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Regulation of personal data in the Covid era

11 May 2020

Right now, as you read this, there is a debate going on in the information and data regulation world.
 
In the blue corner we have the rights of individuals to have their data protected. In the red corner is Covid 19 and the demands of governments to test and monitor the populations of their nation states.
 
So you can see, the problem is a simple one to define. It is less simple to answer.
 
At the heart of the storm is the Information Commissioner’s Office. On the one hand, Liberty and the campaign groups championing civil liberties. On the other hand are those seeking to use data monitoring as a means of getting UK PLC back on her feet.
 
Elizabeth Denham CBE is the current Information Commissioner and she is highly respected in the field. To her it falls to hold the ring between the blue and red corners. From the outset she has sought to strike a pragmatic and proportionate regulator. One of the means of defeating C19 is to use Apps and monitoring  of data.  
 
With this in mind, the ICO has set out some basic principles:
  • Continuing to recognise the rights of individuals.
  • Focussing on the most serious threats to the public
  • Providing ‘front line organisations’ advice on data regulations.
  • Cracking down on those seeking to take advantage of the current emergency 
One of the more important jobs for the ICO will be to give rapid guidance to public authorities on the suitability of Apps currently under development or being tested (in the Isle of Wight) and the safeguards in those Apps. At the risk of being frivolous, there are reported cases of Apps in other countries, leading to the discovery of extra marital affairs. All rather awkward, I think you will agree. More seriously are the problems we have so often seen in the past few years of data misuse and security.
 
More prosaically, the ICO has sent out a clear message on their day to day business: if data processors and controllers make innocent mistakes because of staff shortages or changes in working practice caused by C19 and make a clean breast of it, they will be treated reasonably and pragmatically. If they seek to cover up, they will be treated less reasonably. If they behaved cynically and tried to take advantage of the C19 emergency, will be treated harshly.
 
Conclusion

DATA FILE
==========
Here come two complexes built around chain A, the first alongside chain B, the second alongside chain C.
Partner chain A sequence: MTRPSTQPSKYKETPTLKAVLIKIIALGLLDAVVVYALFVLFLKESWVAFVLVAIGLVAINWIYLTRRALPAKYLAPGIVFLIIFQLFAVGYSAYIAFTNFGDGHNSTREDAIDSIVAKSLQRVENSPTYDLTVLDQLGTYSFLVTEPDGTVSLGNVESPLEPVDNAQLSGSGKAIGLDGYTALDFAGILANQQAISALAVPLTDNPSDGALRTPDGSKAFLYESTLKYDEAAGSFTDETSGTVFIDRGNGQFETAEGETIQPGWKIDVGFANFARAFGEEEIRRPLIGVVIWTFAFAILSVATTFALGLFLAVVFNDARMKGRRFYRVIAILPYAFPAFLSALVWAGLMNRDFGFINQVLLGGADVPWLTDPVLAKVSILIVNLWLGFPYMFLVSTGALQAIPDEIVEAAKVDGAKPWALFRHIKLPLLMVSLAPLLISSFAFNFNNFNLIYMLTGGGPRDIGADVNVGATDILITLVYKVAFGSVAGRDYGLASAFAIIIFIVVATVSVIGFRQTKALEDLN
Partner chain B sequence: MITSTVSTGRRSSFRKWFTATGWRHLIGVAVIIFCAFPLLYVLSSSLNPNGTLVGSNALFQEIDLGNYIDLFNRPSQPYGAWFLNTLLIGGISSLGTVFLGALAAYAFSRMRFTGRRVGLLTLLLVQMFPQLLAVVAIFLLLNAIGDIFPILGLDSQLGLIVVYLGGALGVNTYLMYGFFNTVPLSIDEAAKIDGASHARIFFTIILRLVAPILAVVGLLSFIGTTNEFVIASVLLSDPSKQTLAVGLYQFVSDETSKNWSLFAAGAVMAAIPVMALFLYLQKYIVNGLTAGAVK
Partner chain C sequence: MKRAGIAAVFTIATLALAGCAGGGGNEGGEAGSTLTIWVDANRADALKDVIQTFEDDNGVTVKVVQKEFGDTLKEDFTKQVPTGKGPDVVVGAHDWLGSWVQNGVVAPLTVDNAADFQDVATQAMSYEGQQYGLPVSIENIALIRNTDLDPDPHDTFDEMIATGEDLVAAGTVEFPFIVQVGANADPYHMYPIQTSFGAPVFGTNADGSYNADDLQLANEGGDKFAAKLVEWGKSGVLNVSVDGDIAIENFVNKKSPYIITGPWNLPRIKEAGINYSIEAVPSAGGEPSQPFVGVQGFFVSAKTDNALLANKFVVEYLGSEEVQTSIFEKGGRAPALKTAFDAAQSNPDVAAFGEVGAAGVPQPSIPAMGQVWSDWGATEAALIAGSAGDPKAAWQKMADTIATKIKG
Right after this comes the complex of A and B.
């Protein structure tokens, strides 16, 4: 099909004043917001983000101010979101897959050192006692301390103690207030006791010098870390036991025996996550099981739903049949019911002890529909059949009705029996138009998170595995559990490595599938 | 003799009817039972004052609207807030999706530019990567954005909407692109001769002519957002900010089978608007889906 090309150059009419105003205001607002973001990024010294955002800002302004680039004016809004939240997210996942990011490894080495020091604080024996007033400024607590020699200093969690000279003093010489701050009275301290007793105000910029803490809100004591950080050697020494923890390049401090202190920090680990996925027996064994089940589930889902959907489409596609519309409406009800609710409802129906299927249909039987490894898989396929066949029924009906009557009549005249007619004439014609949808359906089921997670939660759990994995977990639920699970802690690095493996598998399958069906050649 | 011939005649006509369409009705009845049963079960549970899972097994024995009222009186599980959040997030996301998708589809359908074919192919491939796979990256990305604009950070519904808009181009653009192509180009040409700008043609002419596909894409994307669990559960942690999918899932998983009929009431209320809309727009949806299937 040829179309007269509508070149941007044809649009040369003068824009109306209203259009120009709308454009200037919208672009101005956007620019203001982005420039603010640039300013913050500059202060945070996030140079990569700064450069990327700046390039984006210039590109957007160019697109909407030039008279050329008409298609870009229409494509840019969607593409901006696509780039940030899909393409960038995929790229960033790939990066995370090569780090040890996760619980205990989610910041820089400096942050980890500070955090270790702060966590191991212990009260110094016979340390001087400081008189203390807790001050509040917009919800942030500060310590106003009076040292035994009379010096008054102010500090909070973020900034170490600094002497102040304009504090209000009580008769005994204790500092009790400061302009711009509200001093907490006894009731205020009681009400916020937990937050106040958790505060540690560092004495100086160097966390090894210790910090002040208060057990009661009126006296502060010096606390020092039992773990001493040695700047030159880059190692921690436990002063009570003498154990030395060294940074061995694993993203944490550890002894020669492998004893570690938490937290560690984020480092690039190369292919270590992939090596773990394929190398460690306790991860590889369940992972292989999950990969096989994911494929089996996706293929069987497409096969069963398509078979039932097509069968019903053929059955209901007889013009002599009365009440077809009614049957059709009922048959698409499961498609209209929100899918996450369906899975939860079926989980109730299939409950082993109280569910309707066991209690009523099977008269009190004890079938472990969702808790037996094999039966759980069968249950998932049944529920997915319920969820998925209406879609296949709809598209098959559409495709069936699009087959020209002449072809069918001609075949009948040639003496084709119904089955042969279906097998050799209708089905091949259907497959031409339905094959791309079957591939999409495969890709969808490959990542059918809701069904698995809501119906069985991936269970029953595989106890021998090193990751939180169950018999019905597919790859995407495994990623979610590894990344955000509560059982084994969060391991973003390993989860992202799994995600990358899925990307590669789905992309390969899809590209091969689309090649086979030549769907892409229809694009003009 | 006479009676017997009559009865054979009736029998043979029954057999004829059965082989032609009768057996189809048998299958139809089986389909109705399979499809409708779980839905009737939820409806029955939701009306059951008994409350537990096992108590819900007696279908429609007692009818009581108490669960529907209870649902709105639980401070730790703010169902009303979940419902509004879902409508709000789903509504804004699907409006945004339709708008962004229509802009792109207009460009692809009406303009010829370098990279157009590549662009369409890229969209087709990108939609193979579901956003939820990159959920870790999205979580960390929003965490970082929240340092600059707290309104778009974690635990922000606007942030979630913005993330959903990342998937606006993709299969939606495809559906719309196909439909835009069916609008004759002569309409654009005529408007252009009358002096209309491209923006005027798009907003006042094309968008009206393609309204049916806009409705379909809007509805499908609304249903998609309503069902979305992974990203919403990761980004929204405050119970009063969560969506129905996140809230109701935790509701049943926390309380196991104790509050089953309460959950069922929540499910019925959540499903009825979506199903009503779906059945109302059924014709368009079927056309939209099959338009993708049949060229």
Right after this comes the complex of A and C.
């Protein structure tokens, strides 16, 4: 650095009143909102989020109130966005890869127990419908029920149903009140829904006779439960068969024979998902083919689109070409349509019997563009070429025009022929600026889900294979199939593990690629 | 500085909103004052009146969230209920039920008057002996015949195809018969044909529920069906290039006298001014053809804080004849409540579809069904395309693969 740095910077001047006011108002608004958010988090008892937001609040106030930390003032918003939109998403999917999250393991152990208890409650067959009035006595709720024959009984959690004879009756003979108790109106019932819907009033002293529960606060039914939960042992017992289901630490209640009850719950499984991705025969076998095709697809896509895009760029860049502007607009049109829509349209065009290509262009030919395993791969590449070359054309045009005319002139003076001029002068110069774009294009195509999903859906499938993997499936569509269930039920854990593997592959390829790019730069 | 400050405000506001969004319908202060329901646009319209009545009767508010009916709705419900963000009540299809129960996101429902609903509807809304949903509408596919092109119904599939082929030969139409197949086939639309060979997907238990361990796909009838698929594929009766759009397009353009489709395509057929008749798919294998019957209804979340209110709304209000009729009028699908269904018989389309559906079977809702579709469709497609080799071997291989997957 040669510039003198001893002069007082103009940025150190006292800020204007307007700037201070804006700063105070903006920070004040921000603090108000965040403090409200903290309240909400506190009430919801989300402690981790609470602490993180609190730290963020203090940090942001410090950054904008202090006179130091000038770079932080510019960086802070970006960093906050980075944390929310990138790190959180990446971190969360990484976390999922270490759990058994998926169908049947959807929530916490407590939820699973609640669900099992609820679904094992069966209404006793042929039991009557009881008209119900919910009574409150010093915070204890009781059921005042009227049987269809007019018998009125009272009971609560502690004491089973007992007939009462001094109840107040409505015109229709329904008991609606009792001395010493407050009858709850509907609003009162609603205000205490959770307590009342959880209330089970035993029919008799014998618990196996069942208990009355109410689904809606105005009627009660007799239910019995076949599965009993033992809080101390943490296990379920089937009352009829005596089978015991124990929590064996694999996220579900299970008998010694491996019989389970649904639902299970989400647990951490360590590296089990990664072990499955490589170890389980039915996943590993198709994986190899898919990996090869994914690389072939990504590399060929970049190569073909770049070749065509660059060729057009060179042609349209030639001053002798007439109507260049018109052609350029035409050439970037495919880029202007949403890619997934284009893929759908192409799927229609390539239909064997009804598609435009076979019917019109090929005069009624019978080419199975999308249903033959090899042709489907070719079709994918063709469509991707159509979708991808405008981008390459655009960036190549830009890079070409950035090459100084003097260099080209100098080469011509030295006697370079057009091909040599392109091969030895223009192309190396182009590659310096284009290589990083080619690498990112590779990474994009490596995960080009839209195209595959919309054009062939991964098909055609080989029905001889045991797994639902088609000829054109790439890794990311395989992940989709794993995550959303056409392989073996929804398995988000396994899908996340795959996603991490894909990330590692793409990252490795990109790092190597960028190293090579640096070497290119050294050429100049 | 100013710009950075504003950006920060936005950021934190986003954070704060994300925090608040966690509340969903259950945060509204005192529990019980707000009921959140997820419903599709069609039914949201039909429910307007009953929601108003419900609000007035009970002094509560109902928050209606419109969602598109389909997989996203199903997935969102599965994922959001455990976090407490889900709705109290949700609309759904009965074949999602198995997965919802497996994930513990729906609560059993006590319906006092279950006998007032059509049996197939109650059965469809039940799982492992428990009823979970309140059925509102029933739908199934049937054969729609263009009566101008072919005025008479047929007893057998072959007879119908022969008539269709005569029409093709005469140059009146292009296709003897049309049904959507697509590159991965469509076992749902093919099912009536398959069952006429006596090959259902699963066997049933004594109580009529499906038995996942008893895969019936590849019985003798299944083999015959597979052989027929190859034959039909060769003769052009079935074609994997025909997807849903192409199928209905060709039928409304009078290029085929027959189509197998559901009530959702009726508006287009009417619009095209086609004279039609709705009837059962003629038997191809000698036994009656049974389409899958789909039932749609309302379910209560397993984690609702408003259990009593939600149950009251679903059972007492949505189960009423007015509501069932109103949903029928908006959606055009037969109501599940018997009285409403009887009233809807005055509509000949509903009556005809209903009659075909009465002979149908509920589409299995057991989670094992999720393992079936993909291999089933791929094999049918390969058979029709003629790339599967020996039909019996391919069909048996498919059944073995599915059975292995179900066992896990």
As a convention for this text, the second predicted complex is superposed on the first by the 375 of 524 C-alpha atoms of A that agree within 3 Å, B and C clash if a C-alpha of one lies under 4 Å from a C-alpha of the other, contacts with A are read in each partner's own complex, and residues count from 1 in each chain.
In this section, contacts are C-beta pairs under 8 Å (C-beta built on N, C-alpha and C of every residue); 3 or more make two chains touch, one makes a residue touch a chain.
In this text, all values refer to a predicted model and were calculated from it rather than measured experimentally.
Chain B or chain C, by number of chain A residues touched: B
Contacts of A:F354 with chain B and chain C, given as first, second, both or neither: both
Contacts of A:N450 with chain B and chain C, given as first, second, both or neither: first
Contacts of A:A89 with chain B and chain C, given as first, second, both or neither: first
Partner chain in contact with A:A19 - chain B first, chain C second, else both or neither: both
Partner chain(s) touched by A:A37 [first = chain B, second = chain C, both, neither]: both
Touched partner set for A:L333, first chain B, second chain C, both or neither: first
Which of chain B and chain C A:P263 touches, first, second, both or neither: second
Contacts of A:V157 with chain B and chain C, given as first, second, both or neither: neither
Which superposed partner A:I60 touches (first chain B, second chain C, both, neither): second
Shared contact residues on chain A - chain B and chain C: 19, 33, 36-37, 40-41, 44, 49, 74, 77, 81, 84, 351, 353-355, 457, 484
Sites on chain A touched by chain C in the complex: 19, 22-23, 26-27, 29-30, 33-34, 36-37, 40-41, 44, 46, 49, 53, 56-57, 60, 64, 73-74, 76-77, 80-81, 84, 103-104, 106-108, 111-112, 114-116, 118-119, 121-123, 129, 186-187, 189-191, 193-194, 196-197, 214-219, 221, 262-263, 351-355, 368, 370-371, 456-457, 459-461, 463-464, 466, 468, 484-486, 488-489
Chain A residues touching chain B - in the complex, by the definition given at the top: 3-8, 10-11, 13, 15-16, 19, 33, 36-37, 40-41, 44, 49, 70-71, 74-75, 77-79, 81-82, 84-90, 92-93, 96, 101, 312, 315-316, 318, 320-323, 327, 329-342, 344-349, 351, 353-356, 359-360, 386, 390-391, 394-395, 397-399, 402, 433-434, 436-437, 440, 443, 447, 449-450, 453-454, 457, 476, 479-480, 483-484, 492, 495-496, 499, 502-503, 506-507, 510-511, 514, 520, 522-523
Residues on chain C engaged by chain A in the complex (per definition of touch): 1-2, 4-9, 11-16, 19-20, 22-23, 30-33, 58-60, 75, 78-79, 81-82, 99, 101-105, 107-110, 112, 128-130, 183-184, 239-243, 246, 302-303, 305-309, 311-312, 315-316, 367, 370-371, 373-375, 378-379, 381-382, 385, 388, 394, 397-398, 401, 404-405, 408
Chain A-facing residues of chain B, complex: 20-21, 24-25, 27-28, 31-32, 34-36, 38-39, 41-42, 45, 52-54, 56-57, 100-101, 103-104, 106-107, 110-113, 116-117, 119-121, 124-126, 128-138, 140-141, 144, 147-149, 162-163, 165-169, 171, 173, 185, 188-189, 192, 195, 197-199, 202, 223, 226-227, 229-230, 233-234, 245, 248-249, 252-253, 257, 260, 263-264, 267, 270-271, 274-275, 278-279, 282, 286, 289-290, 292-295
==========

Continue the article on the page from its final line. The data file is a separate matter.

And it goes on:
The ICO will have been consulted in respect of the geo spatial and geo location Apps currently being tested in the isle of Wight. The App, developed by NHSX (the IT arm of the NHS) uses Bluetooth. The Bluetooth pings continuously in the phone in which it is downloaded. It stores  anonymised identifiers from other phones in which the App is installed. So, if I am infected, the app will have a record of every phone it has come within range of. These phones (and their owners) can then be messaged.
 
Now, the NHSX team have opted for a ‘centralised system’. A centralised approach means that data and messages are uploaded to and from a central server within the NHS. This differs somewhat from the Apple and Google’s system. In their case, there is no uploading or downloading or messaging from a central server. The messages are sent direct between phones. The problem here though is simply this - leaving aside the need to identify clusters and allocate resources or implement measures/ warnings accordingly- do you trust Apple or Google anymore than you trust the NHS? Ticklish, isn’t it?
 
In this writer’s view, people are dying, the economy is crashing, the physical and mental health of the nation are under pressure. The NHS centralised system uses anonymised identifiers. The data will be erased when it is no longer needed. The data collected in the meantime will be used to mitigate risk and save lives, and to model future outbreaks. Data is a tool in this struggle and for the future. Safeguards are in place. Insofar as there are risks to civil liberties, these may have to take a back seat for a while.
 

Further reading

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